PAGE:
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The student loan crisis in the United States has reached an all-time high. In 2018, more than 44 million people owed $1.5 trillion collectively, with the average student owing more than $37,000 in student loan debt. If you’re in this situation, refinancing your loans can be a wise choice to manage student debt repayment, lower interest charges, and make student debt more affordable.

Reducing payments or paying off more quickly

Before refinancing comes an important decision: is the primary purpose of refinancing to pay the debt down faster or lower monthly payments? A longer term will produce lower payments and this may be beneficial to borrowers with a high payoff amount, high living expenses, or low income. A shorter repayment term will pay down the debt faster, especially with a lower interest rate, although the payments will be higher.

Refinancing has the potential to shave thousands of dollars in interest charges over the term of the loan. While Direct PLUS loans have an interest rate of 7.6% as of February 2019, private student loans may have an interest rate as low as 4.2%.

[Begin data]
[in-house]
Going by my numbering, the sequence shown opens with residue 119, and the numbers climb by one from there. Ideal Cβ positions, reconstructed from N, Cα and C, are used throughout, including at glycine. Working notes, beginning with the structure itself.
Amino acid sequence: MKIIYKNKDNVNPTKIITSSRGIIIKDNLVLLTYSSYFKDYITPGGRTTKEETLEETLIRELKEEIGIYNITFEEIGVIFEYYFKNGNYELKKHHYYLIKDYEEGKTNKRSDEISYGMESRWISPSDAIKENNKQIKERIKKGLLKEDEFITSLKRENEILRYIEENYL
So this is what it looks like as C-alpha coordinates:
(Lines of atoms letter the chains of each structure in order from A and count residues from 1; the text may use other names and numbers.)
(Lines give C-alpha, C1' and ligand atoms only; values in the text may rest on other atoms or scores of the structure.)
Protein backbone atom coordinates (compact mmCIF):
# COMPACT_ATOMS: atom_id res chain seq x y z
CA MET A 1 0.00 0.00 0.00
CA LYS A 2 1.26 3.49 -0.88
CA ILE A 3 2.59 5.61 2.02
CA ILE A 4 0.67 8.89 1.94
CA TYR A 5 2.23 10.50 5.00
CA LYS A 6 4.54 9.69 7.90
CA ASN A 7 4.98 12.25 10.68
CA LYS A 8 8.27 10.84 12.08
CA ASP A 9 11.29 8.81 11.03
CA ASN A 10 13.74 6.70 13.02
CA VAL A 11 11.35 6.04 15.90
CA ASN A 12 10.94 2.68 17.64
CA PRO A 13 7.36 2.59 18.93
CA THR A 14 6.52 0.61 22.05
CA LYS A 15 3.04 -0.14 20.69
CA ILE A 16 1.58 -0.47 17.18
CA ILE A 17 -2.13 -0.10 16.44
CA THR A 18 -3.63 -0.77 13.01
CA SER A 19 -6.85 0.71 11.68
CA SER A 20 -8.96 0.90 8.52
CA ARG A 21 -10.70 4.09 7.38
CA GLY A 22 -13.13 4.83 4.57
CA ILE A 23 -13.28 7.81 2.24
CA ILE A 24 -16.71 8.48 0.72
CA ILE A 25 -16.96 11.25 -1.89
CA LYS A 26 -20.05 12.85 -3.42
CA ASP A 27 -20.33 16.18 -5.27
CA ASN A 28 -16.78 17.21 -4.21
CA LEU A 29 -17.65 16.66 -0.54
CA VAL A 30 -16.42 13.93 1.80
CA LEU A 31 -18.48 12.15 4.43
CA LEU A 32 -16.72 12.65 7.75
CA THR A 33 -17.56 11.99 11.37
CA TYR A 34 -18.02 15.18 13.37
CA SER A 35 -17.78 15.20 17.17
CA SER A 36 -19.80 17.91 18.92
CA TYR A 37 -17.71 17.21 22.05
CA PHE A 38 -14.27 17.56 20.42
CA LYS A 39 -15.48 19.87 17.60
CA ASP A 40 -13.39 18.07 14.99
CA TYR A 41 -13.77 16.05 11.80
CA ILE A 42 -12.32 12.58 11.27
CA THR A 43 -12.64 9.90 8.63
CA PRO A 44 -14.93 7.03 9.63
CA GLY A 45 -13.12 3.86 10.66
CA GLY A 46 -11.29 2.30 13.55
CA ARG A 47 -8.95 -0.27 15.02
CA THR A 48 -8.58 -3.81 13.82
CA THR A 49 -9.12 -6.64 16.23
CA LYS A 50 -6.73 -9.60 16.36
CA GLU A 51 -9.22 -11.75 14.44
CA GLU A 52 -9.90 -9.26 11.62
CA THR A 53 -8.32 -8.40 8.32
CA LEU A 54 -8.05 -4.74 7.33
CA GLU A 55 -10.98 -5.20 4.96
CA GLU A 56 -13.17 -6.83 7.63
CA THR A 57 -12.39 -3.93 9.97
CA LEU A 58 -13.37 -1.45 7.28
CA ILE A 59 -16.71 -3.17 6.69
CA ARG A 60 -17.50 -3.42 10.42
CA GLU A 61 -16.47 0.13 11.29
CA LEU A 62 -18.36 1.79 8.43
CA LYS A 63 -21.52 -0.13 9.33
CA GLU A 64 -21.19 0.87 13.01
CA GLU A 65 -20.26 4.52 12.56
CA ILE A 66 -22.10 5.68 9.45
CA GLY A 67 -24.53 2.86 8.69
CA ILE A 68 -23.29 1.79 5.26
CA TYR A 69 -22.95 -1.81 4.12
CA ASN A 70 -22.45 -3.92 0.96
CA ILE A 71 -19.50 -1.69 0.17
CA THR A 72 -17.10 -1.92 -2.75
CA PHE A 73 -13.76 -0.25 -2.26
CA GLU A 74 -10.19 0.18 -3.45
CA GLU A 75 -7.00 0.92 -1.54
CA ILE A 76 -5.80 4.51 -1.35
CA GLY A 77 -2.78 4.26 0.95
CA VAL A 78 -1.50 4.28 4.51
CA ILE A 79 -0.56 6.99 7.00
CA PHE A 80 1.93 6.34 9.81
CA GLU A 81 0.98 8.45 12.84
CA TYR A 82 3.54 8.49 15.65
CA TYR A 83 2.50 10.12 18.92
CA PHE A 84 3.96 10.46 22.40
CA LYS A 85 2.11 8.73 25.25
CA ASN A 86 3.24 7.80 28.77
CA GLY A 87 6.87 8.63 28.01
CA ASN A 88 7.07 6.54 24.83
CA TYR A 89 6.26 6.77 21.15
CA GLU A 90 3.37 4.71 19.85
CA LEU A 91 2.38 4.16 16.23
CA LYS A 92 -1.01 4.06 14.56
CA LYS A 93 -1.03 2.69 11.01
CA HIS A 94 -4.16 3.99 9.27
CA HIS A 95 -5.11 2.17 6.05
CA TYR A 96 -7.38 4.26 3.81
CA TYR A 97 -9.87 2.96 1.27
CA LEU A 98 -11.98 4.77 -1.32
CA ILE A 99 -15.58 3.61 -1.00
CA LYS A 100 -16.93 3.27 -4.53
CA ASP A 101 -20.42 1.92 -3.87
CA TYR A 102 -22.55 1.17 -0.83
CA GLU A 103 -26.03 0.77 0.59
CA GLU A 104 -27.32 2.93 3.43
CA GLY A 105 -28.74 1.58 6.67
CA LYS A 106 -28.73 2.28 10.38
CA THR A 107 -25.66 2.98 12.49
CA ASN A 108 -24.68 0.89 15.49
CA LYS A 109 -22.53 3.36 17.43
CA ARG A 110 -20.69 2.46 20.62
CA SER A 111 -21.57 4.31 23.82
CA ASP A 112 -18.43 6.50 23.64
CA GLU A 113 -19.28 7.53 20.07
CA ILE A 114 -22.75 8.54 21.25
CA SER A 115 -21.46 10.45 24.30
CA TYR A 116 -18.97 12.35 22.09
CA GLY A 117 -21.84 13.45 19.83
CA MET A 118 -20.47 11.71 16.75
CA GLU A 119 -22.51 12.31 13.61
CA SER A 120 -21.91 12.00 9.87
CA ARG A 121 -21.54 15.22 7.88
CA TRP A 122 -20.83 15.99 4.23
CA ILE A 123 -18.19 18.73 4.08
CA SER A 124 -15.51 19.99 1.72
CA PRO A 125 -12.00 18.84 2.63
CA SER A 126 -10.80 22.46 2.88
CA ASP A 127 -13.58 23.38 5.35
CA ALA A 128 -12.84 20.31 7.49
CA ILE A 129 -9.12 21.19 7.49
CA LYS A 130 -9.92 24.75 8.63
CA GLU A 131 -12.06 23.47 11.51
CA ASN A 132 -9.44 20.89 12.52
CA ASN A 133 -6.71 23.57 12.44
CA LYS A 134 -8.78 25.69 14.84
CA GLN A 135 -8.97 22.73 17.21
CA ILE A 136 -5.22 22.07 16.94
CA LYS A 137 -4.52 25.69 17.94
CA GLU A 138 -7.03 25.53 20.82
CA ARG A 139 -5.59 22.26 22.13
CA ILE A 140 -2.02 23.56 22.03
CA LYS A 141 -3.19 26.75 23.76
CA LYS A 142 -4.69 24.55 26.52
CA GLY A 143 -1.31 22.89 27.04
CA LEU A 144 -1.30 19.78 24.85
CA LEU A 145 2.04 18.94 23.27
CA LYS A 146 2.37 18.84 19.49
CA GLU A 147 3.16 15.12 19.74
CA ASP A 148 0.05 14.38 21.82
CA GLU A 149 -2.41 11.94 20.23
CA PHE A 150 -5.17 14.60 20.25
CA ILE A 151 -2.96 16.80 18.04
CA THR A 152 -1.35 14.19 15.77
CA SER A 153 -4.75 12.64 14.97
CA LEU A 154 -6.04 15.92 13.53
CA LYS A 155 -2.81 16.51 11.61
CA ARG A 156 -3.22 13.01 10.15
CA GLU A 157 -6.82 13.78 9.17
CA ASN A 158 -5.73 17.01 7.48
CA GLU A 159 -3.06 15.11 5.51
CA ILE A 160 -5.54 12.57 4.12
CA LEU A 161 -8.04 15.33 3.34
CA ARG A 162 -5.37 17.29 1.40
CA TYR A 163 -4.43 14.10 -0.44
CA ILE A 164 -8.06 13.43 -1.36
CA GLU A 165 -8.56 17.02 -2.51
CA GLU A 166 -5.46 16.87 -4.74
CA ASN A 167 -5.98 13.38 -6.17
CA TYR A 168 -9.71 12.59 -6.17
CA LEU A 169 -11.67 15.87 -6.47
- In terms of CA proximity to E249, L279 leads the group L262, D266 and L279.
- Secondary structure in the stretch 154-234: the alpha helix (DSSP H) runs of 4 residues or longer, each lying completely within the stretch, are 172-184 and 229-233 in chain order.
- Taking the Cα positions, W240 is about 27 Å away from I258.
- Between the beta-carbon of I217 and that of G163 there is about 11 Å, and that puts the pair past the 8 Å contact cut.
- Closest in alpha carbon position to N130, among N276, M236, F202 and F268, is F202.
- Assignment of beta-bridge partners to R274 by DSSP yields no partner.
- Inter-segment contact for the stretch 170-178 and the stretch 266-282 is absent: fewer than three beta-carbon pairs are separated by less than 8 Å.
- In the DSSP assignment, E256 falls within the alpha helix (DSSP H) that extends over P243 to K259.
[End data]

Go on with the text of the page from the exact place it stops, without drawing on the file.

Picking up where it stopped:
Refinancing a $37,000 balance with a rate of 7.6% into a variable loan at 3.0% with a 10-year term reduces monthly payments by $84 and saves an estimated $10,065 in interest. If the term is increased from 10 to 20 years, payments are dropped by $236 per month.

Refinancing from a federal to a private

Borrowers who have a federal student loan should carefully consider the decision to refinance. Refinancing a federal loan into a private loan is irreversible. Once this step is done, the borrower loses access to the protections offered to federal borrowers, including federal student loan forgiveness options, forbearance, deferment, and alternative repayment plans based on income.

Qualifying for student loan refinancing

Student loan refinance options are offered through banks, credit unions, and even peer-to-peer networks. Every lender has its own qualification for refinancing but, as a general rule, a borrower must have good to excellent credit and steady income with the ability to repay the loan. Debt-to-income is also considered. Most lenders require a debt-to-income ratio of no more than 43 percent. Many lenders also allow borrowers to refinance student loans with a cosigner who meets these lending standards. A cosigner can make it easier to get approved for a refinance loan for borrowers who do not otherwise qualify.